In many cases, cholinesterase inhibitors are used with immunosuppressive drugs. These drugs reduce the activity of the immune system and reduce the amount of defective antibodies produced. 

In individuals with thymoma, a surgical procedure called thymectomy removes the thymus. In cases where a thymoma is not present, this procedure may still be beneficial, depending on the affected region and the type of antibodies present. Thymectomy is recommended for individuals without thymoma when it is generalized but not recommended for those with the localized, ocular type. In addition, thymectomy is recommended for individuals with anti-AChR antibodies and those with no detectable antibodies. However, it is not recommended for individuals with anti-MuSK antibodies. This procedure is also not effective in individuals with congenital myasthenia gravis.

Myasthenia gravis may lead to a medical emergency known myasthenic crisis. In these cases, treatment includes respiratory assistance using mechanical ventilators, administration of antibiotics, and possibly plasmapheresis or intravenous immunoglobulin. Plasmapheresis and intravenous immunoglobulin administration are two short-term treatments that can be used in sudden and severe exacerbations of symptoms in myasthenia gravis. Plasmapheresis is a procedure in which blood enters a specialized machine that can remove abnormal antibodies and blood enters back into the body without those abnormal antibodies. Intravenous immunoglobulins are injections of high concentrations of antibodies that modulate the way the immune system functions and reduces the severity of symptoms temporarily.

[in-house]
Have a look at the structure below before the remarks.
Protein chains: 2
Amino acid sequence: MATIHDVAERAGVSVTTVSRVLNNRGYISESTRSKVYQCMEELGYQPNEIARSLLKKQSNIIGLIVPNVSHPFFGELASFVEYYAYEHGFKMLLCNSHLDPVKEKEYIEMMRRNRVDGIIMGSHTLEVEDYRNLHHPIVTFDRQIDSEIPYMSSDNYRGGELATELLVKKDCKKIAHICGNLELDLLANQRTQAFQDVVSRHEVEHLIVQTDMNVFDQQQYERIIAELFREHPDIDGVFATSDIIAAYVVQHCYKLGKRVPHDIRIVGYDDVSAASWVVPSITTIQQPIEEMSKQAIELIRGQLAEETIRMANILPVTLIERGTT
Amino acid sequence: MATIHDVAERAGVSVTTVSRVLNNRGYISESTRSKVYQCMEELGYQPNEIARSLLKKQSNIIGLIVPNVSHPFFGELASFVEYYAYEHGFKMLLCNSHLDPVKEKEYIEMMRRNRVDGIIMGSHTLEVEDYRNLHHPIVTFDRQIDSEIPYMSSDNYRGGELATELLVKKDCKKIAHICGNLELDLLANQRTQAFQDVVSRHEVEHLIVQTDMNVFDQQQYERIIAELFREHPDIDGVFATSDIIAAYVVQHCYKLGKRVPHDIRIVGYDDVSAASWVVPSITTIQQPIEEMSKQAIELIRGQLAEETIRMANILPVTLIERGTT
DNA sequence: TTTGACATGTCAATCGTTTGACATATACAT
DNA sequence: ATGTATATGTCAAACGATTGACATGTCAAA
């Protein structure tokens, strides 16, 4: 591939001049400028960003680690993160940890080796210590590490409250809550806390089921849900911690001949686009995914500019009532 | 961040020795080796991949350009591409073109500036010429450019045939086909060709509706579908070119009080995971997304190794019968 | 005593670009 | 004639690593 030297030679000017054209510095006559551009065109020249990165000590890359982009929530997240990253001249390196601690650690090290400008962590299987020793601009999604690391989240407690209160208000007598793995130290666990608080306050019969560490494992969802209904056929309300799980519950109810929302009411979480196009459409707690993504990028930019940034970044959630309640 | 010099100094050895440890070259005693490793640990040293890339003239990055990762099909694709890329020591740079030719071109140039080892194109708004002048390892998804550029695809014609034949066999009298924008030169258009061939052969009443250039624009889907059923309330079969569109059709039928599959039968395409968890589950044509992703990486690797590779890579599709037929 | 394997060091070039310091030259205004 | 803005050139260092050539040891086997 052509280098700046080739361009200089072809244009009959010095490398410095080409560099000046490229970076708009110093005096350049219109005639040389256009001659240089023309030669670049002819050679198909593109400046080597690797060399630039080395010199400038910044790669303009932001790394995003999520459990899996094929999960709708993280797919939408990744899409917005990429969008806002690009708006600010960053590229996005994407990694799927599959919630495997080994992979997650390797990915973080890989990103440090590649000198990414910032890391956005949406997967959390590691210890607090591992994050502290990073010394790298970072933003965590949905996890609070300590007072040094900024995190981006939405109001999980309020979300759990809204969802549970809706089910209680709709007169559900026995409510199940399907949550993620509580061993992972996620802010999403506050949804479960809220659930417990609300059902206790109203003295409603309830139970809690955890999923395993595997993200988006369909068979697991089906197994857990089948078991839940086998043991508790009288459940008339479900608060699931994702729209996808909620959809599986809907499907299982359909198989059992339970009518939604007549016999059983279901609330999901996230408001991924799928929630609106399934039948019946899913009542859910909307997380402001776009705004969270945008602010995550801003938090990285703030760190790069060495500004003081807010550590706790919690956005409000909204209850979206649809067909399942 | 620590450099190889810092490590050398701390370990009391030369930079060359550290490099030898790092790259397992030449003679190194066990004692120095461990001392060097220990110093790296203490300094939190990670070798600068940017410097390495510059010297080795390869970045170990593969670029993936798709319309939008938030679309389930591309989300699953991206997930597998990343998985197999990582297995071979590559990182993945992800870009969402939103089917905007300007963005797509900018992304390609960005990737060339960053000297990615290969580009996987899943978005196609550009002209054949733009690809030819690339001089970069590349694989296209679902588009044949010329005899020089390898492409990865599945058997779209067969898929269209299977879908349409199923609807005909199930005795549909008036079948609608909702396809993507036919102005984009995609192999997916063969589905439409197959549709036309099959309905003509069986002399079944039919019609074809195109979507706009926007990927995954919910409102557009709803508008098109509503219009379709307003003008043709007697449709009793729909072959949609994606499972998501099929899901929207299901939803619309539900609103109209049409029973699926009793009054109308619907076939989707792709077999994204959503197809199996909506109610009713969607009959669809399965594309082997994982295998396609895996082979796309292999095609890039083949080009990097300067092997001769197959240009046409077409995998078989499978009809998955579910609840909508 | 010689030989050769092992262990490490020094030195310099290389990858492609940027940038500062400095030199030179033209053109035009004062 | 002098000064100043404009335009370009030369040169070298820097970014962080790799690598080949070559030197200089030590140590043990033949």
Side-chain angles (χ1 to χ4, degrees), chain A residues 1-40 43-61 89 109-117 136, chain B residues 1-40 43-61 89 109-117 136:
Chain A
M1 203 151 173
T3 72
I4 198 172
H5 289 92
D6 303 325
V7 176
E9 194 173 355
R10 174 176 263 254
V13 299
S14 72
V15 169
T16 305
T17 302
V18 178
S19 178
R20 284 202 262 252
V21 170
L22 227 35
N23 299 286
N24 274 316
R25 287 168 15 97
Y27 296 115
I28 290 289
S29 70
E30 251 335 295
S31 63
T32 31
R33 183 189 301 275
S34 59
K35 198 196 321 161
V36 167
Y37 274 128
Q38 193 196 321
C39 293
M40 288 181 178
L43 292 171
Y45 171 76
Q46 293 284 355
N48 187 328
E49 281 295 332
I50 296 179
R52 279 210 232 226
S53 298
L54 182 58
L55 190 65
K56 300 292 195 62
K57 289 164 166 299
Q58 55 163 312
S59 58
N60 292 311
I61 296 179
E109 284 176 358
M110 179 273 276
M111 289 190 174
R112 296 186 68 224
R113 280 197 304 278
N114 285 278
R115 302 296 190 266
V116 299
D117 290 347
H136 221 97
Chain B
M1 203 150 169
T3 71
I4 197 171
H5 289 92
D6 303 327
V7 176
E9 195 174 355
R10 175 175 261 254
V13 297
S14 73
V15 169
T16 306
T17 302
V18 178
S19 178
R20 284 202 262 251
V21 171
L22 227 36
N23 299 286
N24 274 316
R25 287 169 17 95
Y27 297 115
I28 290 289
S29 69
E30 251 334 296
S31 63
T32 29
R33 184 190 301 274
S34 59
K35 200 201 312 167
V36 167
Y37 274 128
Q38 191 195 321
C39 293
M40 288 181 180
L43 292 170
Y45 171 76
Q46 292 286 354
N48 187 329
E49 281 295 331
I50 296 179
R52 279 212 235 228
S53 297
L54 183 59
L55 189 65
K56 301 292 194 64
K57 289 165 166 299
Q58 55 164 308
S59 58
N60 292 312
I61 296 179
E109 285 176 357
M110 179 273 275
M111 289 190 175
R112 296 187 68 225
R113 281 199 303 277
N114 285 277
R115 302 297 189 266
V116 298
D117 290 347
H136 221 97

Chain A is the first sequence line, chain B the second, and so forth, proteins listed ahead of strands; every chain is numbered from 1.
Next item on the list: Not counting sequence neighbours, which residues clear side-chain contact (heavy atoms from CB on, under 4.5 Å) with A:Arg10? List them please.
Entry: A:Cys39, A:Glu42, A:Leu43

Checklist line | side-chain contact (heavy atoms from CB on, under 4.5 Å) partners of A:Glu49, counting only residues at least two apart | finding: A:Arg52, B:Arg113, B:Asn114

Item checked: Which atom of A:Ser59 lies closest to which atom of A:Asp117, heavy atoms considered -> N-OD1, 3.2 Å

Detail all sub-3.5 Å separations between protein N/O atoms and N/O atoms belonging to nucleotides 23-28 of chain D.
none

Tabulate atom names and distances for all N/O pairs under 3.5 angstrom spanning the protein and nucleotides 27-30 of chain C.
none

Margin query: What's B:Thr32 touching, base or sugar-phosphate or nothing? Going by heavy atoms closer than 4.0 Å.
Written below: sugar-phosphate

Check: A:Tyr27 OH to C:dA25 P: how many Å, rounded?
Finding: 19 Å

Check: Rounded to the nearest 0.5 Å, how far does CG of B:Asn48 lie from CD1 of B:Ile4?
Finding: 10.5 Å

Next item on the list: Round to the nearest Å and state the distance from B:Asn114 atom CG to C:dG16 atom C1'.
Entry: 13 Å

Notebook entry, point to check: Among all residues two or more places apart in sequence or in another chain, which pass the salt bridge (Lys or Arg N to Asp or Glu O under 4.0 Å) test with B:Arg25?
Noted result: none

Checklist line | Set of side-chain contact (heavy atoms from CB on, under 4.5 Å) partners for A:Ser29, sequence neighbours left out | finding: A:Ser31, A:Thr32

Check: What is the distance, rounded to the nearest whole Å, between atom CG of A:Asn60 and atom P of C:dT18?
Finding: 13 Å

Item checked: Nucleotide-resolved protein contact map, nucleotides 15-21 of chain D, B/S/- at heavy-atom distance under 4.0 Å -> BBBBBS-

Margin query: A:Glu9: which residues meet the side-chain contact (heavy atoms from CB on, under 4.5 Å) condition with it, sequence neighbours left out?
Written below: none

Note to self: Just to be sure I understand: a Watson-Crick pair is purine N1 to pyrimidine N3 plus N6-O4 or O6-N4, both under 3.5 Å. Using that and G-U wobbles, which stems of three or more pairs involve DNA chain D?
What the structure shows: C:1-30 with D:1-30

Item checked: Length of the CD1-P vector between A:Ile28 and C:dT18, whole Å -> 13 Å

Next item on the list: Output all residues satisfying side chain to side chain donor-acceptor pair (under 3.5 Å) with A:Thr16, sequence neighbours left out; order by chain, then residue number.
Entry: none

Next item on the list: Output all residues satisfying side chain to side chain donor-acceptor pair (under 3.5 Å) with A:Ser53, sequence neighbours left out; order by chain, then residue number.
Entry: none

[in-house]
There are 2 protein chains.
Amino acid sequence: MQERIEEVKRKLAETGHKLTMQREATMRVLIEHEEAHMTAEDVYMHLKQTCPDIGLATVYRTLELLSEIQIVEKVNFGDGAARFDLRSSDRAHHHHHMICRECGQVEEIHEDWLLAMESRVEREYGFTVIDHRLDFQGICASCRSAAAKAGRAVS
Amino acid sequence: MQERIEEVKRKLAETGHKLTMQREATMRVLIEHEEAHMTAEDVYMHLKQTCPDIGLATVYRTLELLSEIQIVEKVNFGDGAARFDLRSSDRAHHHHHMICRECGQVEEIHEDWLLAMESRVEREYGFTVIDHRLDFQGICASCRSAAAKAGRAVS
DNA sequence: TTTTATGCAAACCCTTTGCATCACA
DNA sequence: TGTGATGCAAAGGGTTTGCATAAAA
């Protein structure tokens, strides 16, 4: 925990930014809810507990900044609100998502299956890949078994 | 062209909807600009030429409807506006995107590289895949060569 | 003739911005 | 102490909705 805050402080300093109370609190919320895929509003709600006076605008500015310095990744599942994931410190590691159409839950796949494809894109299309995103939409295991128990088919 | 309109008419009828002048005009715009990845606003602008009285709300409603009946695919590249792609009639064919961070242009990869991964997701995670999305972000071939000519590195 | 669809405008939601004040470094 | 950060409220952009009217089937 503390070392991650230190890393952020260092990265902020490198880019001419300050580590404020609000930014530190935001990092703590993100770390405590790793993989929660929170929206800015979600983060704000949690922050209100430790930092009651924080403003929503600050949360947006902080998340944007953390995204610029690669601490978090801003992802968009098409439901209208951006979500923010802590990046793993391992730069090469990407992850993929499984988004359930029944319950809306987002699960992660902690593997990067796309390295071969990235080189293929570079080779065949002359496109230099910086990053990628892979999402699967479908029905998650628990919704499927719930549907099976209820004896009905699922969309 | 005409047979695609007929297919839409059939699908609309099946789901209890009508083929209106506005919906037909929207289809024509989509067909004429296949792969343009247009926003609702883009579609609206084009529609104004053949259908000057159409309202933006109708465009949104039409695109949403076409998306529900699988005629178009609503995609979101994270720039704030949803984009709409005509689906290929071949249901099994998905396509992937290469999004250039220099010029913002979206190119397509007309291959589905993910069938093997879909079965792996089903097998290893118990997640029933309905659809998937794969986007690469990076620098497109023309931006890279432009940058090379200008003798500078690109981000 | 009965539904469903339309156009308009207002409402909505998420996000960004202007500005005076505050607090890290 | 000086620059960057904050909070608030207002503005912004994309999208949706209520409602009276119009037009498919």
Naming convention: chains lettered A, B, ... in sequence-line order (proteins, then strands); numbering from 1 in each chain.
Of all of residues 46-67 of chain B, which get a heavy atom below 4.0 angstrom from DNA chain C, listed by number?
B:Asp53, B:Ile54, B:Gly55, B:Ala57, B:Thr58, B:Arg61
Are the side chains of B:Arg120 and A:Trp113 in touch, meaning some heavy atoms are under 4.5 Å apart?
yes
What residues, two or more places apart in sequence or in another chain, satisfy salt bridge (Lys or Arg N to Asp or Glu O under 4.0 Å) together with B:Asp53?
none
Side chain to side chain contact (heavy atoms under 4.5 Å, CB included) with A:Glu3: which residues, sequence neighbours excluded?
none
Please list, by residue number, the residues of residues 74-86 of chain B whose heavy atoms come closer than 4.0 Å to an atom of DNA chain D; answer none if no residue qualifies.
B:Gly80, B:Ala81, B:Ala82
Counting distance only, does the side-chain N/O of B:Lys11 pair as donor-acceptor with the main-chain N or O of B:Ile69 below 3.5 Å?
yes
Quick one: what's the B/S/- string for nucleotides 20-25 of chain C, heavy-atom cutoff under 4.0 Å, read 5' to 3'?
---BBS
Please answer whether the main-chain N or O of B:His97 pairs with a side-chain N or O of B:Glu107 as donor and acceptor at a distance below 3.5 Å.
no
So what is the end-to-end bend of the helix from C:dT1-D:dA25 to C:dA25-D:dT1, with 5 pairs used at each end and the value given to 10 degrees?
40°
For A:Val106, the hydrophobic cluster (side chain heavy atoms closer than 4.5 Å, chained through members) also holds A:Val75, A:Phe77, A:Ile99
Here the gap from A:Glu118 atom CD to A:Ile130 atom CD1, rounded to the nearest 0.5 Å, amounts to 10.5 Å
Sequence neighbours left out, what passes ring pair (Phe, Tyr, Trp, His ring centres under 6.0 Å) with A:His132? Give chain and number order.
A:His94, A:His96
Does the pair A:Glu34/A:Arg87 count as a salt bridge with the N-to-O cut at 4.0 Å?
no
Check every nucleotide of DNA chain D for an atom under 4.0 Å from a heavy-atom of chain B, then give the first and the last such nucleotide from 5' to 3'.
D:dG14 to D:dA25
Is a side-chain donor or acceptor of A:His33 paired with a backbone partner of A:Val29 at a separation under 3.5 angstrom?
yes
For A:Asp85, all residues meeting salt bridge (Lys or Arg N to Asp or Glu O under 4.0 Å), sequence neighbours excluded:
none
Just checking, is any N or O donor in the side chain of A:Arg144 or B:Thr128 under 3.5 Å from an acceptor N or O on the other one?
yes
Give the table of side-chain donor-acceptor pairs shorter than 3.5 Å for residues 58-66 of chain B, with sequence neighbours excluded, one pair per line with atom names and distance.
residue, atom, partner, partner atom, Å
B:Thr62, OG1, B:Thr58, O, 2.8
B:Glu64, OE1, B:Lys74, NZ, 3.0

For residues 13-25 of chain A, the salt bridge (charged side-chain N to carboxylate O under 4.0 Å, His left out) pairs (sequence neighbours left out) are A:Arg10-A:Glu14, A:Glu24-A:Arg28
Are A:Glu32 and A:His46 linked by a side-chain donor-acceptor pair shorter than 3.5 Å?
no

Physical therapy and lifestyle modifications help with maintaining muscle strength.

With the advancement of treatment, individuals affected by myasthenia gravis can have a normal life expectancy. However, depending on the severity of symptoms, quality of life can be affected due to reduced physical ability and the risk of further complications, such as myasthenic crisis. In addition, many individuals who undergo thymectomy can experience complete and permanent remission of symptoms. 

Tips or Suggestions of Myasthenia Gravis has not been added yet.

Gilhus NE, Owe JF, Hoff JM, Romi F, Skeie GO, Aarli JA. Myasthenia gravis: a review of available treatment approaches. Autoimmune Diseases. 2011;2011:847393. doi:10.4061/2011/847393


Jayam Trouth A, Dabi A, Solieman N, Kurukumbi M, Kalyanam J. Myasthenia gravis: a review. Autoimmune Diseases. 2012;2012:874680. doi:10.1155/2012/874680


Jordan A, Freimer M. Recent advances in understanding and managing myasthenia gravis. F1000Research. 2018;7:F1000 Faculty Rev-1727. doi:10.12688/f1000research.15973.1